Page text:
• In the first trial, participants submerged a hand in 14°C water for 60 seconds. In the second trial, participants submerged the other hand in 14°C water for 60 seconds, but then kept their hand submerged for an additional 30 seconds, during which the temperature was raised to 15 °C
  • Participants were then offered the option of which trial to repeat. Participants were more willing to repeat the second trial, despite a longer exposure to uncomfortable temperatures.
  • Thus the researchers concluded that the participants liked the memory of the second trial more than the first trial and hence chose to repeat it again

Post this, several studies have re-confirmed the presence of Peak-End bias in our minds.

This effect can be explained by the Snapshot Model of Remembered Utility. When we are evaluating a past episode, we do not look at all the different components of that episode. Instead, we create a representative moment (a snapshot) of the episode, which may draw different attributes from different moments of the actual experience. The moments which stand out in this evaluation are the most extreme emotions experienced during the episode and the most recent one. Hence, the rule: Peak-End.

It is important to remember here that this rule says that people tend to ‘remember’ only the peak and end experience. Hence, the applications of these rule impacts how people ‘remember’ your product or how they recall their experience with your product from memory. It does not change how they feel ‘in-the-moment’ when they are using your product.

Key takeaways for product design

  • You need to know which are the moments of anxiety/emotional high of your users so that you can convert these to peaks and improve user experience. Do remember that users remember negative moments more than positive ones and you need to identify both negative and positive moments
  • You can alter how a negative moment is recalled by the user from memory by carefully addressing the negative peak through humor, brand personality, etc.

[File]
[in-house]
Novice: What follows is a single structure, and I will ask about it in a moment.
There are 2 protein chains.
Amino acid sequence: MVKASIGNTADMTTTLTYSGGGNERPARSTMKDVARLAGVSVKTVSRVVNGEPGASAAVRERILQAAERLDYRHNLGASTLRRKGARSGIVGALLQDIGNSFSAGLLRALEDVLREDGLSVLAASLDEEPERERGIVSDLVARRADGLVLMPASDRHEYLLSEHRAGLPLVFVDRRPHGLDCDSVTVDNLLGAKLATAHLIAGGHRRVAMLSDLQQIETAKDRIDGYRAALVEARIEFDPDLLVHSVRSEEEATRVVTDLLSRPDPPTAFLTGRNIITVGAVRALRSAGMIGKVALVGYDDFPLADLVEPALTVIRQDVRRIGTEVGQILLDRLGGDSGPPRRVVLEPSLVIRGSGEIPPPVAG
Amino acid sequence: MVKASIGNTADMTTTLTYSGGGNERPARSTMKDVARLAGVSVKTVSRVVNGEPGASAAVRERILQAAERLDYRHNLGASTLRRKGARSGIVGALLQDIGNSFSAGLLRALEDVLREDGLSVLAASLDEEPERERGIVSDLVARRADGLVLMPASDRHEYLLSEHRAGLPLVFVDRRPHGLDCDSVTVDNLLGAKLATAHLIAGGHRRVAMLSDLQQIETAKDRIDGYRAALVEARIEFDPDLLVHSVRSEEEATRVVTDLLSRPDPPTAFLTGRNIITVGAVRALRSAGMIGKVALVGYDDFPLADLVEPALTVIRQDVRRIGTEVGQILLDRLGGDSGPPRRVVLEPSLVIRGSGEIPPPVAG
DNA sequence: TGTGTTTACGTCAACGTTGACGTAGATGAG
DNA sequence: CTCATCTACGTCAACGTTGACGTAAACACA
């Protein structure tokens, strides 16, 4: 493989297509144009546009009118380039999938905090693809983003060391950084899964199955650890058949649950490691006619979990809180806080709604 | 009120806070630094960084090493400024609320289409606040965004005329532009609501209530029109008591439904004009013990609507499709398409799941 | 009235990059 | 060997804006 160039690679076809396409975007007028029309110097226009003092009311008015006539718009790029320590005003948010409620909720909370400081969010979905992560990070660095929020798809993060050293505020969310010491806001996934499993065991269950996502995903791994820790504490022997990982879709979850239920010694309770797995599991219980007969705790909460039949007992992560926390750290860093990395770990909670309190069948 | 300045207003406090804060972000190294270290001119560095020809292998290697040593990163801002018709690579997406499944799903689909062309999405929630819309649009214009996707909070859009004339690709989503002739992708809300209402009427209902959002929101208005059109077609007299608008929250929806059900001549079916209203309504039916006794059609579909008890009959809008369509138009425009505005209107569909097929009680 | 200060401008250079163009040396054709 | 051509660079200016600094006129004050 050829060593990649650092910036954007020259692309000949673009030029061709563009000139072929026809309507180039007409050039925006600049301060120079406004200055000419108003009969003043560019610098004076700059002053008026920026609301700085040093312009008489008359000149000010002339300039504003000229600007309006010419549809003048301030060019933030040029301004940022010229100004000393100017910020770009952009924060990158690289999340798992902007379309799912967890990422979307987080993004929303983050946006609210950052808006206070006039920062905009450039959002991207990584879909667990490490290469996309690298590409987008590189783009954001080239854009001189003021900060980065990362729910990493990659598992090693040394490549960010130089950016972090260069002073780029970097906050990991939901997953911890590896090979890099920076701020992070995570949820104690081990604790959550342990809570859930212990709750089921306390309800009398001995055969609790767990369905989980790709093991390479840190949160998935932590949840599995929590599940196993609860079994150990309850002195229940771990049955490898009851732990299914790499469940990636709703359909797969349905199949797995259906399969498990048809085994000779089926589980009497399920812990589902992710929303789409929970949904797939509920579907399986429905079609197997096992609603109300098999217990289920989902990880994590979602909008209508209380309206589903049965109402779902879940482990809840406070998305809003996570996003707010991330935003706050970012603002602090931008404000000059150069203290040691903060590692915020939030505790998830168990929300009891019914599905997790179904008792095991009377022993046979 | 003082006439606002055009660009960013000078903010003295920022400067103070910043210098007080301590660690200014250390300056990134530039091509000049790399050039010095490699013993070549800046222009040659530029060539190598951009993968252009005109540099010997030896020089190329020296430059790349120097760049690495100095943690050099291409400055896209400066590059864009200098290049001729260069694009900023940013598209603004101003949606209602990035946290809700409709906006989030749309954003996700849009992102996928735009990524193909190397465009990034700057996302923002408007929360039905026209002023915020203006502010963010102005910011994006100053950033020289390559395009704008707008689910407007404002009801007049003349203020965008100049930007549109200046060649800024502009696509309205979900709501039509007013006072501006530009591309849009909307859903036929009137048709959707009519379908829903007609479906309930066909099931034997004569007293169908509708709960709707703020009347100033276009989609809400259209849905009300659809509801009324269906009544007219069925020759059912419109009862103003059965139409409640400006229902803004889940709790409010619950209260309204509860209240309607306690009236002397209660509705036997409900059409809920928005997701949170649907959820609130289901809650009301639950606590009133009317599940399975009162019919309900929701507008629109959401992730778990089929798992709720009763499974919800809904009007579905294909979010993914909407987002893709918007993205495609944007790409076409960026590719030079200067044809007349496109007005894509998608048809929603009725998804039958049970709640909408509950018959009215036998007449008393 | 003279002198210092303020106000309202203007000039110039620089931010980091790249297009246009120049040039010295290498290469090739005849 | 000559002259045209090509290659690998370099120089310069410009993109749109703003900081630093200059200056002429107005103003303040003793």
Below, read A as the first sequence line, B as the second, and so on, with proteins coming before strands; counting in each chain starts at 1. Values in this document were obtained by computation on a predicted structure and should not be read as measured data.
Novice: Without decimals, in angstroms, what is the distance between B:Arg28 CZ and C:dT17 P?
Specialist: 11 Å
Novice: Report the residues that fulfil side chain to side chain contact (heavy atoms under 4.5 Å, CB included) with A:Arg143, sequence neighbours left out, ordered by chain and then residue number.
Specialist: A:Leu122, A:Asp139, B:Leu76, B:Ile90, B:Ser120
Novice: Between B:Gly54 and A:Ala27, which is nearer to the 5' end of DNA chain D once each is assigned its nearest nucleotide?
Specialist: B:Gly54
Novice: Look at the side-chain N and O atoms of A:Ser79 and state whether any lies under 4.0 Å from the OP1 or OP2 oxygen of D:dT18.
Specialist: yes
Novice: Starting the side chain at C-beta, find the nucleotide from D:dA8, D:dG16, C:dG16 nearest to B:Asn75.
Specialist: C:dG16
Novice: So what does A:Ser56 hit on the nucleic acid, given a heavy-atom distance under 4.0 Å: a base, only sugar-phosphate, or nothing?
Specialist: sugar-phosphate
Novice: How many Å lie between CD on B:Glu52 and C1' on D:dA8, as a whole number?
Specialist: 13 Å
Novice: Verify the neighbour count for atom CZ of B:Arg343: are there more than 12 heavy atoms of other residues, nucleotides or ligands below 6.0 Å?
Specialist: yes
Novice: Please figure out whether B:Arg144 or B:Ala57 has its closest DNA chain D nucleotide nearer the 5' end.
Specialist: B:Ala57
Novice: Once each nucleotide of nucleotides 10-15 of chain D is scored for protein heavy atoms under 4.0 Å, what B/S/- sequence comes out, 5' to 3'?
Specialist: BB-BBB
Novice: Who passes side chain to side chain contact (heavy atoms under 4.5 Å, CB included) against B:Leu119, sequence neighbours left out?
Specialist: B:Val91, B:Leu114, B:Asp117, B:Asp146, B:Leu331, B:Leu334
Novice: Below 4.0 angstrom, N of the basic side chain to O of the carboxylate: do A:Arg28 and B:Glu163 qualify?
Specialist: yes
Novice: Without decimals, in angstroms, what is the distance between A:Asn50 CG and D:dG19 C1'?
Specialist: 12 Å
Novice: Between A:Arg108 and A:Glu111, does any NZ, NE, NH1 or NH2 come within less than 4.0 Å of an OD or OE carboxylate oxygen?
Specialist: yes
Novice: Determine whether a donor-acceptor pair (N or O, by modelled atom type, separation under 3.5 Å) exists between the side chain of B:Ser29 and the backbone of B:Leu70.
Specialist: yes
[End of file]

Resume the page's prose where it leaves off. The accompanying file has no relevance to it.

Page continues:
• Different users will have different points of heightened experience with your product, which need to be captured in the user persona before designing the product
  • Don’t spend resources on making the entire experience with your product memorable. Instead, focus on the high-intensity moments and exit moments. This will save precious resources while achieving the same (or better) memory recall about your product
White Graphing Paper

📝 Serial Position Effect

What is it?

This term was coined by legendary German psychologist Herman Ebbinghaus and describes how the position of an item in a sequence affects its recall accuracy. It says that users have a propensity to best remember the first and last items in a sequence and the items in the middle have least recall.

Behavior Science explanation

The Serial Position Effect consists of two different effects – Primacy Effect and Recency Effect.

Primacy Effect

The primacy effect is a cognitive bias that leads to a user recalling the first set of information presented better than information presented later on. This happens because the initial items in a list are stored in the long-term memory more efficiently than items later in the list.

Recency Effect

The recency effect depends on short-term memory. Short-term memory is the ability to hold a relatively small amount of information in the mind for a brief period of time. This information is held and kept active for use, but it is not changed. Thus, these items in short-term memory are readily available for recall.

It is important to note here that the Recency effect decays at a much faster rate than the Primacy effect. As shown above, if a recall is attempted immediately after the presentation of the list, the primacy effect and recency effect are roughly equal in strength. If a recall is attempted more than 30 seconds after the presentation of the list, the primacy effect is still there but the recency effect quickly diminishes.